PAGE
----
Commentary: Ohio State men's basketball desperately needs another scorer
Published: Thursday, December 27, 2012
Updated: Thursday, December 27, 2012 19:12
The Ohio State men’s basketball team made the Final Four last season, and the Buckeyes came into this season with the expectations to get back.
The Buckeyes, however, lost two of their top three scorers from last season, and 11 games into the 2012-2013 season, they are really missing those players.
OSU, which came into the season ranked No. 4 in both major polls, have won nine of their first 11 games, but the two losses to No. 1 Duke and No. 6 Kansas are the only games they have played against teams currently ranked in either the Associated Press Top 25 or the USA Today Coaches Poll.
In those games, one clear issue that has held the Buckeyes back is a lack of players who can consistently score points and make shots.
Over the past two seasons, OSU was led by center Jared Sullinger, who was named an All-American both years. Sullinger, who left for the NBA draft after his sophomore year, averaged a team-leading 17.5 points last year, while William Buford, who averaged 14.5 per game as a senior last season, was among the Buckeyes’ top three scorers in all four of his OSU seasons.
With Sullinger and Buford gone, the undisputed star of this year’s Buckeyes is junior forward Deshaun Thomas. Thomas is their leading returning scorer from last season, and currently leads the team with 20 points per game. Thomas scored 16 points in each of the Buckeyes’ two losses.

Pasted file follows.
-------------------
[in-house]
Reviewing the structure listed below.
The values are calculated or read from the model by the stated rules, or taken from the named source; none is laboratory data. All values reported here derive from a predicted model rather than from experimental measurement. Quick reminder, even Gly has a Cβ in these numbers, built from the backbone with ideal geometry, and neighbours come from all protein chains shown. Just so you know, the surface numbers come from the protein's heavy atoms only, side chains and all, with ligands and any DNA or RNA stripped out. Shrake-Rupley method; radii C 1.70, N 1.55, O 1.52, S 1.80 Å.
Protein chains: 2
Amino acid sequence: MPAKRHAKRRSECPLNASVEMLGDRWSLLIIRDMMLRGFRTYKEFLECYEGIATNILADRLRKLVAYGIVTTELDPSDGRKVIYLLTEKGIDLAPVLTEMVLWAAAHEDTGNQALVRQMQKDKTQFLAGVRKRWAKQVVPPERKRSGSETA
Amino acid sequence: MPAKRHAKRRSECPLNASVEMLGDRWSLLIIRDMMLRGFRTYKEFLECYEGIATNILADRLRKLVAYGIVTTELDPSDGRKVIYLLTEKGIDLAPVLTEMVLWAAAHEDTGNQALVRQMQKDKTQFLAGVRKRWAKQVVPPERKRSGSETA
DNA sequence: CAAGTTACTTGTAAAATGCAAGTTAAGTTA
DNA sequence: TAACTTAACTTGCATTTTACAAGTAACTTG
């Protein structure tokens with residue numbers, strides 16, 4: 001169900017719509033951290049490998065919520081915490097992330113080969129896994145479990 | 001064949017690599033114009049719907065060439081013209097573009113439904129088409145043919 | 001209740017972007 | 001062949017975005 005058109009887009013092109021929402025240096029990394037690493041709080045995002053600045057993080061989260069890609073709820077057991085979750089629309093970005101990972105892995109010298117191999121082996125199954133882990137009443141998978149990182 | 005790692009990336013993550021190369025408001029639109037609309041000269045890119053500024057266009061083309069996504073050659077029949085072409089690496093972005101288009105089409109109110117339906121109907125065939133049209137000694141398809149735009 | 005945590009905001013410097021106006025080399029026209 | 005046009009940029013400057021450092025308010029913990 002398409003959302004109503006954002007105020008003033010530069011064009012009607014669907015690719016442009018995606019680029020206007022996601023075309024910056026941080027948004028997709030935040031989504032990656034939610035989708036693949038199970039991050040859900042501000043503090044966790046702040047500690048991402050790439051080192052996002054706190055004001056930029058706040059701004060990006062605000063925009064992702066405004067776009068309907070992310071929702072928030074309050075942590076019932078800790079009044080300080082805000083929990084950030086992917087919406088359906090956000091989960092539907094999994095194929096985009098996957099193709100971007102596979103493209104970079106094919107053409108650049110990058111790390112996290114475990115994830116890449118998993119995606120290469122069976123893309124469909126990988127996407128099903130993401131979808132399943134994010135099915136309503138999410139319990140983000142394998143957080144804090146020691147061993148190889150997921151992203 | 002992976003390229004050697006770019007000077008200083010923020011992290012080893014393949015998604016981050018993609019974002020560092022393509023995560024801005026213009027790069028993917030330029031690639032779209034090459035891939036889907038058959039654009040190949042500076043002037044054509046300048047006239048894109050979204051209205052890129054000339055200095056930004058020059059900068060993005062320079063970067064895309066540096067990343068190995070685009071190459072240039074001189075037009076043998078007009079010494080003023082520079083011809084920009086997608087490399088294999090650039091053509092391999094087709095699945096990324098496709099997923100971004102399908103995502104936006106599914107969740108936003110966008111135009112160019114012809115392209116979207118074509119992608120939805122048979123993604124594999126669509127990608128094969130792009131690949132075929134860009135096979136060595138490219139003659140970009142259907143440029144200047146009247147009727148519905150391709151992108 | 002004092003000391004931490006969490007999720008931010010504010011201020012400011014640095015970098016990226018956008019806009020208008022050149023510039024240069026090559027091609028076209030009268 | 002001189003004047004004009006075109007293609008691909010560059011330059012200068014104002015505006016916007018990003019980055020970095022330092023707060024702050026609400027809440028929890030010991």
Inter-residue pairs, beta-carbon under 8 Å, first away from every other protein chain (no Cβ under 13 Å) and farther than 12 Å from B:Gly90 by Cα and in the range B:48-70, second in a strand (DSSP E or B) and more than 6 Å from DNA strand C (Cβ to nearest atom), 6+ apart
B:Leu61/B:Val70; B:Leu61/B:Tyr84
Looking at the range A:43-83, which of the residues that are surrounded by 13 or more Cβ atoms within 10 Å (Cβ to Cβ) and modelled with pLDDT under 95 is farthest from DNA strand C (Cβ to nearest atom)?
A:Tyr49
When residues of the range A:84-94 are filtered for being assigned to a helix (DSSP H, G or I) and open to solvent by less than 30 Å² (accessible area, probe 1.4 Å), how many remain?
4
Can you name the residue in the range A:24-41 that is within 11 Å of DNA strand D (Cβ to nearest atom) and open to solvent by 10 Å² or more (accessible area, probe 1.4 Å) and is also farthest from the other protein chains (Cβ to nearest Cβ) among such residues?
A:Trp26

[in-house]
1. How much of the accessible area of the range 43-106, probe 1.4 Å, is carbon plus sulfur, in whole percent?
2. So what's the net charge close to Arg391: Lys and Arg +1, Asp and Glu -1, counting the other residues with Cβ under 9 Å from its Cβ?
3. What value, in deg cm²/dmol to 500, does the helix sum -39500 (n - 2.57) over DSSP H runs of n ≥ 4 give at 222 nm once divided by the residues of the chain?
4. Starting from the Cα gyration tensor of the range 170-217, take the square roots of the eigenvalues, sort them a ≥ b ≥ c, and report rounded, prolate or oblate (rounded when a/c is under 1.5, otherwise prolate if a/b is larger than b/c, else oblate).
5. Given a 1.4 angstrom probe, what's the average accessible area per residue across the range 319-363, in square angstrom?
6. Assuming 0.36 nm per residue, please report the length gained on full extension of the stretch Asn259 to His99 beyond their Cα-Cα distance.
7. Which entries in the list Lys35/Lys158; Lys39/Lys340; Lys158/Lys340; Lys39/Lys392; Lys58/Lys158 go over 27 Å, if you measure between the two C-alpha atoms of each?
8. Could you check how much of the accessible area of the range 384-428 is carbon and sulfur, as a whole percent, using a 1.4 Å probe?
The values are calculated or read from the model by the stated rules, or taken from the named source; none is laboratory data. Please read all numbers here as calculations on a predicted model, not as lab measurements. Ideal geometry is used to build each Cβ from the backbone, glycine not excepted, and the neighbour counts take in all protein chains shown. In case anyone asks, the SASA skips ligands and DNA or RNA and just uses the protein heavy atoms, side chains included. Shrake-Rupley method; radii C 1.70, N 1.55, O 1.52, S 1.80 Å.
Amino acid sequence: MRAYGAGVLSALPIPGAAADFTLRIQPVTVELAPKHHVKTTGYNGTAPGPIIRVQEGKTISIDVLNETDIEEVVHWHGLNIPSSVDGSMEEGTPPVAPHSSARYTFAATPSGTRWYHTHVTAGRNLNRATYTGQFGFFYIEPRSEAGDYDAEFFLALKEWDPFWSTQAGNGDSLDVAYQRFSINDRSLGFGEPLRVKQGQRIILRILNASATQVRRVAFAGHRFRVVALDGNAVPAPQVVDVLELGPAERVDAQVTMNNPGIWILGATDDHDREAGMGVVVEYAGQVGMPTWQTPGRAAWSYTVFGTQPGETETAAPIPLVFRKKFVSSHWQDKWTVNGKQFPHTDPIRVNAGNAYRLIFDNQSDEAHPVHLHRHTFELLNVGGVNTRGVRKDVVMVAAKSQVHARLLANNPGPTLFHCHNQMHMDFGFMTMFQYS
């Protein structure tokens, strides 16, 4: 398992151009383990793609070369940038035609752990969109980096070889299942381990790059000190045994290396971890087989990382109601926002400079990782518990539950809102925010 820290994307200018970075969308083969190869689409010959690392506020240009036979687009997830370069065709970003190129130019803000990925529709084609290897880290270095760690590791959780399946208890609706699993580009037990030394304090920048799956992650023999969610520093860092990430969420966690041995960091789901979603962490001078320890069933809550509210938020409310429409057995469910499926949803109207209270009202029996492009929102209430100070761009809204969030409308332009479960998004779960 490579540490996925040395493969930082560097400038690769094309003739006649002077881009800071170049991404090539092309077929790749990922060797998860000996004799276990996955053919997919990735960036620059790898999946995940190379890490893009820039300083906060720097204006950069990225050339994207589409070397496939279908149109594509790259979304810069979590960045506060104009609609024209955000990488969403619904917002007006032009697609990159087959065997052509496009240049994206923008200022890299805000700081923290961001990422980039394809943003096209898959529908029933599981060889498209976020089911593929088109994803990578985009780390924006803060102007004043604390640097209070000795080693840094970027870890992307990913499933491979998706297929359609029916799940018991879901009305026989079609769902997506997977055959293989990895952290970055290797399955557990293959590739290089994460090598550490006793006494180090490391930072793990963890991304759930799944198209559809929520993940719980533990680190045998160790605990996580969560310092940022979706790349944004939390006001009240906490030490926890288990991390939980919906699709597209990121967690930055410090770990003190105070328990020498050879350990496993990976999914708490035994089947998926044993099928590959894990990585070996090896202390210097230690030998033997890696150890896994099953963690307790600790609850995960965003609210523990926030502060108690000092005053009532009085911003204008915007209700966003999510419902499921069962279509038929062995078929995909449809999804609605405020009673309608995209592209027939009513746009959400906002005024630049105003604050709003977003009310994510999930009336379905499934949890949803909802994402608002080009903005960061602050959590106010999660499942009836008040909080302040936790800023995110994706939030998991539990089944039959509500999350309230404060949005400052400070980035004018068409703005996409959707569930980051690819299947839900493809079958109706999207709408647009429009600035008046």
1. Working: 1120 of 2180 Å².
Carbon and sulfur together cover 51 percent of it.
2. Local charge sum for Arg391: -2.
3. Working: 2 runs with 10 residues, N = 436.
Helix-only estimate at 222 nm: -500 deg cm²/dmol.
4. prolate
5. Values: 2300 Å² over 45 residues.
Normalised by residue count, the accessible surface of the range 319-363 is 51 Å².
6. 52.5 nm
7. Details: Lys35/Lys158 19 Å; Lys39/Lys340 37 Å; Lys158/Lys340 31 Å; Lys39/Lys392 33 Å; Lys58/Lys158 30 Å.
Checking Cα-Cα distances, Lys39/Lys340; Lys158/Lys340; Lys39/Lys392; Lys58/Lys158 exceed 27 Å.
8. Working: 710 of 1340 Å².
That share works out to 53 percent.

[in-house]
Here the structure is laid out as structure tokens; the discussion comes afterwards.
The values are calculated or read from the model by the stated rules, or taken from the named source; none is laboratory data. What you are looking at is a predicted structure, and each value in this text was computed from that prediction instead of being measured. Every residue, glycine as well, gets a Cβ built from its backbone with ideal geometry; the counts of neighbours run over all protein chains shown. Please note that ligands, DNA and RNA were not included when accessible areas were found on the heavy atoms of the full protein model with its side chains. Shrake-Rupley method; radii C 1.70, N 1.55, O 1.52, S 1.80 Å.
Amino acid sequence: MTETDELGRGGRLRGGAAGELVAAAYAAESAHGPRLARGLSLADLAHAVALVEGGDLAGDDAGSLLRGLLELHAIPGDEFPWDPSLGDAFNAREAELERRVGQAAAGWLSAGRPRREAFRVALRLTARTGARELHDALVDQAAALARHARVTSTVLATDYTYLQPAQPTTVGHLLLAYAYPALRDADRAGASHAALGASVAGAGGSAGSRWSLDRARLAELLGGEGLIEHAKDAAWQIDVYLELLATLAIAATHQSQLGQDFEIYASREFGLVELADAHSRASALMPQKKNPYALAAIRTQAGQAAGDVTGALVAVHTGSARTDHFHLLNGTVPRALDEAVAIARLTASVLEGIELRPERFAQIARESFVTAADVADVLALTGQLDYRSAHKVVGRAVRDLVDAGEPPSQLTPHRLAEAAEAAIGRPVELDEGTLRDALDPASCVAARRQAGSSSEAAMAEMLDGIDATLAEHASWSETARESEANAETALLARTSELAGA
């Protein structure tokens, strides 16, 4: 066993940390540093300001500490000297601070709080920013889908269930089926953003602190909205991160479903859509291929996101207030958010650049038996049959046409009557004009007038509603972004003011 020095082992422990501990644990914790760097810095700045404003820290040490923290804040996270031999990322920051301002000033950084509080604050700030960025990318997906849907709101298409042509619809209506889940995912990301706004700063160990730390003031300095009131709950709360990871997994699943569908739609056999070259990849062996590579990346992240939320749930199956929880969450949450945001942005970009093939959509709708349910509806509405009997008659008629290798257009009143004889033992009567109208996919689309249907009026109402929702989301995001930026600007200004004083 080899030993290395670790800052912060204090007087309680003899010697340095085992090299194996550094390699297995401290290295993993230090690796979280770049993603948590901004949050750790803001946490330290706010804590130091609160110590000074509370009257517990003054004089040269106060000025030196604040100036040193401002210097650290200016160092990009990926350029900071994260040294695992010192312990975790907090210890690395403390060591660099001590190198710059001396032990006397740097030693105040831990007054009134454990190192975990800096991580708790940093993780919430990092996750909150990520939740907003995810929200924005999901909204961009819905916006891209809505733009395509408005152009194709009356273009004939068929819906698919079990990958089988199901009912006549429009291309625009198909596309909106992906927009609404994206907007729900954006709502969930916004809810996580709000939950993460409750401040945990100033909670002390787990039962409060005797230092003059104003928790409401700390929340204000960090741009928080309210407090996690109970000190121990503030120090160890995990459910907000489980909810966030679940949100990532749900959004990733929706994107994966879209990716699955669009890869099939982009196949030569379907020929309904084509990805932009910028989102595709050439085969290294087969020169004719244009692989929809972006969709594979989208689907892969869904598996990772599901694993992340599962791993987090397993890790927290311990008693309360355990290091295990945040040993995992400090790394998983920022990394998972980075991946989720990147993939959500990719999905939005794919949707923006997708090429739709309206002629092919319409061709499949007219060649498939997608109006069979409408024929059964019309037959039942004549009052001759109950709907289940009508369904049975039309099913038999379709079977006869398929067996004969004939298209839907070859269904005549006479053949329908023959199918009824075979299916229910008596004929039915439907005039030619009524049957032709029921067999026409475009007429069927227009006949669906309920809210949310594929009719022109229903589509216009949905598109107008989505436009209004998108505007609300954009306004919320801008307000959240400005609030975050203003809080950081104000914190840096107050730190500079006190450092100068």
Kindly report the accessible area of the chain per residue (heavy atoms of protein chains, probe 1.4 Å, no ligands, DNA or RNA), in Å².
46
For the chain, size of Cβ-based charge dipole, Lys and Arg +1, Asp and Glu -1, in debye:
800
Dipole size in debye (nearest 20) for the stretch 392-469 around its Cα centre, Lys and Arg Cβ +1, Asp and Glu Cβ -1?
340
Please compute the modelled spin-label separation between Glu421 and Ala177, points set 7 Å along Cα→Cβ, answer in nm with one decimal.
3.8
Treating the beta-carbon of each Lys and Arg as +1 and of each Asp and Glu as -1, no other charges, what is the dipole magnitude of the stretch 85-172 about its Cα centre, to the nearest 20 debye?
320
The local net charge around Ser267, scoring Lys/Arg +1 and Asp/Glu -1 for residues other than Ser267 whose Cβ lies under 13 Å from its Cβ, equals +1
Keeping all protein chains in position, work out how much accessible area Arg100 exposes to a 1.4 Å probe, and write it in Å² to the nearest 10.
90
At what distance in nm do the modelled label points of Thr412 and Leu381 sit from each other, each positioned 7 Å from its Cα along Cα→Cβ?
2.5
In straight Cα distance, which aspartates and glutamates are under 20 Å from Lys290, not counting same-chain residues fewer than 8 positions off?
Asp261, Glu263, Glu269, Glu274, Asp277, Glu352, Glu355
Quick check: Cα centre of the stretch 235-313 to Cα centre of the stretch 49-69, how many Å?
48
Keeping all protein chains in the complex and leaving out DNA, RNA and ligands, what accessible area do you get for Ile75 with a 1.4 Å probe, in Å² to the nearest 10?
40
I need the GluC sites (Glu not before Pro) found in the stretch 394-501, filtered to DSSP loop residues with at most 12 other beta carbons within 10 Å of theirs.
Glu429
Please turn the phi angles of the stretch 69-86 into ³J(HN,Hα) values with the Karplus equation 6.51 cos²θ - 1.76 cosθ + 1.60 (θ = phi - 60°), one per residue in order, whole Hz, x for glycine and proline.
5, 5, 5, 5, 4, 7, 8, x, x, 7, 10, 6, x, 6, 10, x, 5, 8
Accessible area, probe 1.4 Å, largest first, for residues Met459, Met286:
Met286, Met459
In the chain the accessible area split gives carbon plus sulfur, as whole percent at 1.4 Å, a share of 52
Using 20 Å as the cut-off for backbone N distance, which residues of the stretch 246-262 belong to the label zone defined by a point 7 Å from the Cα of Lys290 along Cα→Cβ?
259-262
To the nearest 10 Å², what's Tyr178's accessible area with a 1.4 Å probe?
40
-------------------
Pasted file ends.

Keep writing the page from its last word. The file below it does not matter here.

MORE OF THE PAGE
Thomas’ play, however, wasn’t the issue in those losses. Duke and Kansas both keyed into Thomas being the Buckeyes’ only consistent scoring option — especially in the second half — and no other player was able to consistently hit shots, especially from the perimeter.
This was especially true Saturday, when the Buckeyes lost 74-66 to Kansas. In the second half of that game, the Buckeyes went absolutely cold from the floor, making just 25 percent of their shot attempts and only 2-of-18 from beyond the 3-point arc.
Sullinger’s presence is clearly missed this season: he gave the Buckeyes a consistent inside scoring and rebounding presence that they just haven’t gotten yet from senior forward Evan Ravenel or sophomore center Amir Williams. Ravenel and Williams have combined for just 10.8 points and 8.4 rebounds per game, compared to the 17.5 and 9.2 the Buckeyes got from Sullinger alone last season.
Although Buford was an inconsistent performer, especially in his senior season, his ability to score from anywhere on the floor might be missed even more.
Against Kansas, Williams was the only player to make more than 50 percent of his shot attempts for the game — and he only took three shots. The Buckeyes only made 30.8 percent of their shots against the Jayhawks, and five players had more than three missed 3-point shot attempts.
OSU has to find another player who can be a consistent scoring option, especially from beyond the arc, but it is uncertain whether that player is on the roster.
Junior guard Lenzelle Smith Jr. is the team’s second-leading scorer with only 11 points per game, and in their two losses, he has made just one of 13 attempts from the 3-point line. Junior point guard Aaron Craft has 8.9 points per game and is a terrific defender, but has only made 36 percent of his shots this season. Sophomore LaQuinton Ross came into the season with high expectations and has 9.1 points per game, but hasn’t been able to score with any consistency, and scored just four points in nine minutes against Kansas.
The Buckeyes should be able to go up against any team in the nation athletically and defensively with players like Craft, Smith Jr., sophomore forward Sam Thompson and sophomore guard Shannon Scott. But without a consistent scorer either inside or from the perimeter outside of Thomas, OSU has not been able to beat the elite teams they have played, and likely won’t be able to in the NCAA Tournament either.
Perimeter scorers like Buford, Jon Diebler and David Lighty were just as important to the Buckeyes’ success as Sullinger and Thomas over the past two years. If OSU is going to make another Final Four run, at least one player is going to have to step up as a secondary scoring option to Thomas.